Sharon Ifeoma is a Port Harcourt, Rivers State-based corporate trainer. Despite being afflicted by polio as a child, her drive to be a star has not slowed down. In this interview with Eric Dumo, she shares her life’s journey and things that motivate her
At what point in your life did you encounter polio?
According to my parents, I was only 10 months old when I was struck with polio. I had already started walking before it happened. It was not as if I was born with the condition.
What were some of the difficulties you faced at that stage of your life?
I can’t really tell because I was quite young then. I’m sure there were challenges but to be honest, I can’t really remember much of the happenings back then. It’s a long time ago.
How did the other children relate with you as a result of your disability?
It was after I started mainstream school that other kids started bullying me. I was four years old at the time. They were the ones that actually pointed out my disability to me. They made me aware that something was wrong with me.
How did the condition generally shape your growing up?
I had a beautiful upbringing and a happy childhood. My parents and the entire family were very supportive of me; however, being aware of my disability made me question a lot of things.
I questioned my family’s love for me. I questioned the society I lived in as well as people’s attitude, actions and perceptions towards me. My condition made me grow up really fast.
What were the ambitions you nursed at that period of your life, and what informed such?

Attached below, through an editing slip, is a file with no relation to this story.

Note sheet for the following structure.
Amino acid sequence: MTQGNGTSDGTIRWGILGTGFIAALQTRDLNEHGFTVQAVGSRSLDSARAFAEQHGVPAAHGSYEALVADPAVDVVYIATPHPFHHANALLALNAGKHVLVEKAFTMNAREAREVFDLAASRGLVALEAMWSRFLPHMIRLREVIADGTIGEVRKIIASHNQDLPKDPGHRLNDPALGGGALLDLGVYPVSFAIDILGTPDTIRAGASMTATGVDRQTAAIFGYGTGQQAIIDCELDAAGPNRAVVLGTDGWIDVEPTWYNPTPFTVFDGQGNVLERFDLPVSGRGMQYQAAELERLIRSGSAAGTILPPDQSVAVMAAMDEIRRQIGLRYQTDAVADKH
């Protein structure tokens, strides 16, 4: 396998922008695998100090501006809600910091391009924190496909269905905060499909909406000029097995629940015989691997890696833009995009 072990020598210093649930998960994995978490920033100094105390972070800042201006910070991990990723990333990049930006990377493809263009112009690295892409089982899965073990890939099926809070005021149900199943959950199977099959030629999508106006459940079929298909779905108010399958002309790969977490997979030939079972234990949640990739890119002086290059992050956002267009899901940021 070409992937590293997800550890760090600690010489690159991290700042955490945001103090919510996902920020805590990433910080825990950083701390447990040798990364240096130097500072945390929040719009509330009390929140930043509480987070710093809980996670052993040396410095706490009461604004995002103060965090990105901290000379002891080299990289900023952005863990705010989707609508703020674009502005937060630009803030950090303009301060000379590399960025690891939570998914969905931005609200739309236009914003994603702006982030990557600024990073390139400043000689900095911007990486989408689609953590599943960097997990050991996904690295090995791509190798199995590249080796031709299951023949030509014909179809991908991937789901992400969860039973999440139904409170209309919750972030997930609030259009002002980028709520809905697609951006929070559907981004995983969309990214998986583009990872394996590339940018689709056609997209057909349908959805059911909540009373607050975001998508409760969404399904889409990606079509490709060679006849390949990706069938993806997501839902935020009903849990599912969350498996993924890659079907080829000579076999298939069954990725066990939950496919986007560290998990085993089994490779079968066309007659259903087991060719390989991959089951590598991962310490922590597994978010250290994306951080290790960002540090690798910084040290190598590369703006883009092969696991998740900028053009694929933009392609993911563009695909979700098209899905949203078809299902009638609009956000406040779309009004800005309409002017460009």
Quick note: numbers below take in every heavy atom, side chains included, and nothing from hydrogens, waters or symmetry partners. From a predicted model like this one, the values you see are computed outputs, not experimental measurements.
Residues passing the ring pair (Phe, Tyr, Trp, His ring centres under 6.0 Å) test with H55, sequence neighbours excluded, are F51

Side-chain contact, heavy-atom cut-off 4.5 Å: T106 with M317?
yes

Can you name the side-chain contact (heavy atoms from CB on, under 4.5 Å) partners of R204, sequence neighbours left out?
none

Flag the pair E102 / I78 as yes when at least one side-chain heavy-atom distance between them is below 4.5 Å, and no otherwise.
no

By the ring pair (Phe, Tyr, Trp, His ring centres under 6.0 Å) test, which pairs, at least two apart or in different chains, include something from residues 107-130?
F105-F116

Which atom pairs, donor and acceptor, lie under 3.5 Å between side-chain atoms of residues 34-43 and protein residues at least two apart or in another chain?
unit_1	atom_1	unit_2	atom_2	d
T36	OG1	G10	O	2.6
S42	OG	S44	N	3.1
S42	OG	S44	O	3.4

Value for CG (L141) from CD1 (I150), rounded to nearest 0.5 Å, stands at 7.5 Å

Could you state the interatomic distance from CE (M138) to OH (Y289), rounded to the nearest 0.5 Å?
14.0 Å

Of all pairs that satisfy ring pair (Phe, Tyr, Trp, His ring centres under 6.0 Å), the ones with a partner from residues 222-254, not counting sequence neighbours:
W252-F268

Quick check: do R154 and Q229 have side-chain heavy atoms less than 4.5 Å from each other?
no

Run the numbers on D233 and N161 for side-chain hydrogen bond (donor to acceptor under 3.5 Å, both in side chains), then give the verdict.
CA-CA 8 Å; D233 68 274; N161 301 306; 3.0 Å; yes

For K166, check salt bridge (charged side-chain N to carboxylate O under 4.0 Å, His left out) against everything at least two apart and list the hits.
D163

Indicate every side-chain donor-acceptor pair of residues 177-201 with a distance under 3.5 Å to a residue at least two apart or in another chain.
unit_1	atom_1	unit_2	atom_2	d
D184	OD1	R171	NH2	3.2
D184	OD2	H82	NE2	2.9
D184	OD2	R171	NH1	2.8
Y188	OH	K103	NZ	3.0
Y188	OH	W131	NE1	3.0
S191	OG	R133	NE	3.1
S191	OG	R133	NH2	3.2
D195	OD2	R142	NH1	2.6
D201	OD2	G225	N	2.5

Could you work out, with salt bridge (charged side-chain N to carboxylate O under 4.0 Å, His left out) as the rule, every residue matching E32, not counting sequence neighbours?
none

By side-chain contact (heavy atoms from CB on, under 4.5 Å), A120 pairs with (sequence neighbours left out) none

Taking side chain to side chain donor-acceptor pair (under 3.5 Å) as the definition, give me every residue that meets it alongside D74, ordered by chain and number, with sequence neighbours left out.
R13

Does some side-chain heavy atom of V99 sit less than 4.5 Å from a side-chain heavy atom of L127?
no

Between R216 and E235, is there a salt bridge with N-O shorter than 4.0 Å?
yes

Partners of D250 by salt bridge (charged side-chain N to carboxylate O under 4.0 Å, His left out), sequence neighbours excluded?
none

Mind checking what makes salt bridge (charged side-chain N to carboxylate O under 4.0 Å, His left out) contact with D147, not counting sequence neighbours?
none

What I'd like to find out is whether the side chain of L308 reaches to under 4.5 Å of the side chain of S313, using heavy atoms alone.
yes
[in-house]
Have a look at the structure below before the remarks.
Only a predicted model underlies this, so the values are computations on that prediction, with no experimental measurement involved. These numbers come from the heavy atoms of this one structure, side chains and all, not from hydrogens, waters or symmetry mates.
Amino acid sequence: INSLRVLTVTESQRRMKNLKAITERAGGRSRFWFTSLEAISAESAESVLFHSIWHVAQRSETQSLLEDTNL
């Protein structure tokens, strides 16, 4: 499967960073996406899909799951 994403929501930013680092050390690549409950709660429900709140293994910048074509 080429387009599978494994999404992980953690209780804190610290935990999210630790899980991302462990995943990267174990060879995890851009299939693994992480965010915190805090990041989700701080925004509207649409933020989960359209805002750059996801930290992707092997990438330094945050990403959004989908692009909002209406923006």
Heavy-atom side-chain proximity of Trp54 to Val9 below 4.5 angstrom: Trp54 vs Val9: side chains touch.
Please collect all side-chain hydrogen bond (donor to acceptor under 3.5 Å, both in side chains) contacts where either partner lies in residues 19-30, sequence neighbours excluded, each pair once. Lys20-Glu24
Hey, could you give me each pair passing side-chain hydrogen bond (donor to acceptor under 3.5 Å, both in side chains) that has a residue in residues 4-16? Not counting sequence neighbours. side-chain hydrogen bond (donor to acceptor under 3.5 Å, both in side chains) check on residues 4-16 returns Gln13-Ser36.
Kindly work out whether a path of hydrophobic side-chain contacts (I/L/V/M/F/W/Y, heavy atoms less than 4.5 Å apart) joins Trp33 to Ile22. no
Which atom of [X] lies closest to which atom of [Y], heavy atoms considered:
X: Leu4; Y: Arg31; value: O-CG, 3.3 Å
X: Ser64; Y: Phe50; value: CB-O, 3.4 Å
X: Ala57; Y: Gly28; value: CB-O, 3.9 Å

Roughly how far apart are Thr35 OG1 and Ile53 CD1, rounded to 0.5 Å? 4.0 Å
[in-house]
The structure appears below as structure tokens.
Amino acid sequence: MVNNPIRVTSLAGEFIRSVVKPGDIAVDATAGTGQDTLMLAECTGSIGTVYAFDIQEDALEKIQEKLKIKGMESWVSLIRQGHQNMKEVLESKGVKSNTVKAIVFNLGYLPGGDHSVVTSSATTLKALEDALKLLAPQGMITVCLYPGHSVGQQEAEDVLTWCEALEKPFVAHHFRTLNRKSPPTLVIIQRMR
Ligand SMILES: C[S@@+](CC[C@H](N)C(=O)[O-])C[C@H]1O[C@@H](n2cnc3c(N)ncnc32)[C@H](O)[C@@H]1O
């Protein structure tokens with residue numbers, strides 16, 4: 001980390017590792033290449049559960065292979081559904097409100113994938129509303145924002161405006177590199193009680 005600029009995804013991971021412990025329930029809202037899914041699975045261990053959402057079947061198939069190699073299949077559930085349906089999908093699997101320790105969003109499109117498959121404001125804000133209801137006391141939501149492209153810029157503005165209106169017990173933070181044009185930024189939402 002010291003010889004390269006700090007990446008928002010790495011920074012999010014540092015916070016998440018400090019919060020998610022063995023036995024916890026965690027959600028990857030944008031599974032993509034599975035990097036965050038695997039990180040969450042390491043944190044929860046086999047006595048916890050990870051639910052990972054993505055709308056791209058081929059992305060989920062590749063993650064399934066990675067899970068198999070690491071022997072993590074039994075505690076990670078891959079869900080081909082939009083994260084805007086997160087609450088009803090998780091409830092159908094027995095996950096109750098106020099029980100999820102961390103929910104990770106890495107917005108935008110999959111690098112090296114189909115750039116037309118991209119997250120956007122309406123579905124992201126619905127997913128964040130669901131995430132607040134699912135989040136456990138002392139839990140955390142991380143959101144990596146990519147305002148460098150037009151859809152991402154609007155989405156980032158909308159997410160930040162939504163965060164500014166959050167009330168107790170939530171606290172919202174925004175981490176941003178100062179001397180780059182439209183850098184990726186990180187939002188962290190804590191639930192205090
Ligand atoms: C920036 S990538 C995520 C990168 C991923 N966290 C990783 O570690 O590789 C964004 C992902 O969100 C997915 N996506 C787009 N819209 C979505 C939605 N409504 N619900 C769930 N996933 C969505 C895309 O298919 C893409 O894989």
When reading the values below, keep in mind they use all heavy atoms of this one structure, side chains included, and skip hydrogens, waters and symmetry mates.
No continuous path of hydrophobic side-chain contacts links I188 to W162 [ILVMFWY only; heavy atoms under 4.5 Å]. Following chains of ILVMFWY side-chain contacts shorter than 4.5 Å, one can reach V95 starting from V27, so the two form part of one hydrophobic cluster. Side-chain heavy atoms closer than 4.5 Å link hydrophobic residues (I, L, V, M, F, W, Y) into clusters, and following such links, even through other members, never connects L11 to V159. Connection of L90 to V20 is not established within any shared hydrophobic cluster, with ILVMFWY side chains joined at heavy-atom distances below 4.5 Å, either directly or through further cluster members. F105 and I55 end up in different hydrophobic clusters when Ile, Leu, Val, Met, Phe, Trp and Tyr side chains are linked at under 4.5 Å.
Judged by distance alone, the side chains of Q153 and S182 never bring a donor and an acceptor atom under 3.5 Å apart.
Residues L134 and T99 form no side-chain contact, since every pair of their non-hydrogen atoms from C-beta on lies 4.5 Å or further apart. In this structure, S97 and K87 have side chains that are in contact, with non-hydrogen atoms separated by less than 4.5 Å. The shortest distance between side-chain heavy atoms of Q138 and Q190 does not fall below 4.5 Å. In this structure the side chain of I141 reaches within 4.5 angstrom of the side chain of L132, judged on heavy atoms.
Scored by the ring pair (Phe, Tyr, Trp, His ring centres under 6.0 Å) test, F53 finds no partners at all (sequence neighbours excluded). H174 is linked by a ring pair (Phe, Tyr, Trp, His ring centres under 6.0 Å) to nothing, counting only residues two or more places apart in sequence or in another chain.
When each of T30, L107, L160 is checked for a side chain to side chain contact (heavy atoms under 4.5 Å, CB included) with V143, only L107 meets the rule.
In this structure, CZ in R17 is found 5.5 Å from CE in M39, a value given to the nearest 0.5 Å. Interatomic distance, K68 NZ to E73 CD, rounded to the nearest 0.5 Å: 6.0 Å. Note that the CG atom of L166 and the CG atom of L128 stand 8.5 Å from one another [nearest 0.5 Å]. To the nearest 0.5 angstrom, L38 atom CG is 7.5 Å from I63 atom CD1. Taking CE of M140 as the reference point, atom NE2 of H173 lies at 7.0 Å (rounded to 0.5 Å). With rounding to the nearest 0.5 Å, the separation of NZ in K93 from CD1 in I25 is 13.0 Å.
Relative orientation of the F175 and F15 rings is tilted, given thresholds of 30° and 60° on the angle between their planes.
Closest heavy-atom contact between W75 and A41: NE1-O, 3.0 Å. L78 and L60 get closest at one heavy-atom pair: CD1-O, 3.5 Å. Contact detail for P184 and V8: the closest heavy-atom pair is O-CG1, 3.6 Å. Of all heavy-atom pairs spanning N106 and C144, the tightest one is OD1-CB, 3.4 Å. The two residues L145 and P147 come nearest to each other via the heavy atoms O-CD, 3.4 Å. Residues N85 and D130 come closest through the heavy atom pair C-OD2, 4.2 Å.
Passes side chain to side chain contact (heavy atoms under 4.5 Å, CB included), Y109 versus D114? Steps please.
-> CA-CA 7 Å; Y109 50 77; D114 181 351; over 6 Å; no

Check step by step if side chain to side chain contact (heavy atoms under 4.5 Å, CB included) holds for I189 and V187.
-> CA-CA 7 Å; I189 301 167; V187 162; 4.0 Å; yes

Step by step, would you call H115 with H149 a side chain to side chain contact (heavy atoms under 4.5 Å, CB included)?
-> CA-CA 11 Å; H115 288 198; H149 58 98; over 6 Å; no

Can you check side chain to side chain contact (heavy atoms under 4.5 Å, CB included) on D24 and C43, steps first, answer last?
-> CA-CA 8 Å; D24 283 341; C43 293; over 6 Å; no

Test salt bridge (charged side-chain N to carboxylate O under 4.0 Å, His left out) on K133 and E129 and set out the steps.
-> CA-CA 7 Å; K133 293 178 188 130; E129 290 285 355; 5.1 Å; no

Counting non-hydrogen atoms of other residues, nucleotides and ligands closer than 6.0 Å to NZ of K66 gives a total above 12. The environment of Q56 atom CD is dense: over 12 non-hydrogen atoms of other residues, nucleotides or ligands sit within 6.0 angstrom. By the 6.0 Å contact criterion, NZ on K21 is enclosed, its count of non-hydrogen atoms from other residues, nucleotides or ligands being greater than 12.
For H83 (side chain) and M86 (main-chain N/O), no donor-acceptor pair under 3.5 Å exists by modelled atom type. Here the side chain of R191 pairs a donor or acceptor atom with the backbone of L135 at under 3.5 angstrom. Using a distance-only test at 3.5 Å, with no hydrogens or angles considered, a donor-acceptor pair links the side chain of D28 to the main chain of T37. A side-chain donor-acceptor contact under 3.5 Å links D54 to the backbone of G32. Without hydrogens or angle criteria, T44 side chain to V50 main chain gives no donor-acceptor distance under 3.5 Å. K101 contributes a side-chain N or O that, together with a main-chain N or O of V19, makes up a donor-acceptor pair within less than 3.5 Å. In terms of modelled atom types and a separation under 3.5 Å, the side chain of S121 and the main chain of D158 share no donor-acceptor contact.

I desired to be a lawyer because I wanted to be an authority and in a place where I could exercise such. A place where my voice would be heard and respected as a lawyer, a position where I could easily effect the changes I wanted to see, impact lives and be a role model.
Today, I am not a lawyer but a corporate trainer. I am using every platform I find myself in to pass my message. People pay attention each time I facilitate trainings because I’m very confident. I understand very well the type of job I do and I thank God for the privilege.
Were you able to start school as and when due considering your condition?
I think I was four years old when I started school proper. My parents never joked with my education. I did not attend school for the handicap because my parents wanted me to mingle and learn with other kids, hence their decision to send me to the mainstream school.
My parents knew the importance of education and they made sure I got the best they could afford.
Education is still the best foundation because it opened doors for me to further my studies abroad, travel to places I never thought I would ever be. I have a Master’s degree in view and my dream is to become a university lecturer someday. I can’t even imagine what my life would have been like had my parents not sent me to school.
Parents who have children with special needs should make education a priority for them. Education should never be compromised because it is the best investment they can ever give to their children. I’m glad my parents made that investment.
As a growing child, did people write you off in life as a result of your disability?
I won’t say people wrote me off because nobody had the power to write me off. However, I was bullied a lot. It was hard especially in my teenage years. Bullies almost made me drop out of school. But I learnt to fight back through the help of my mother.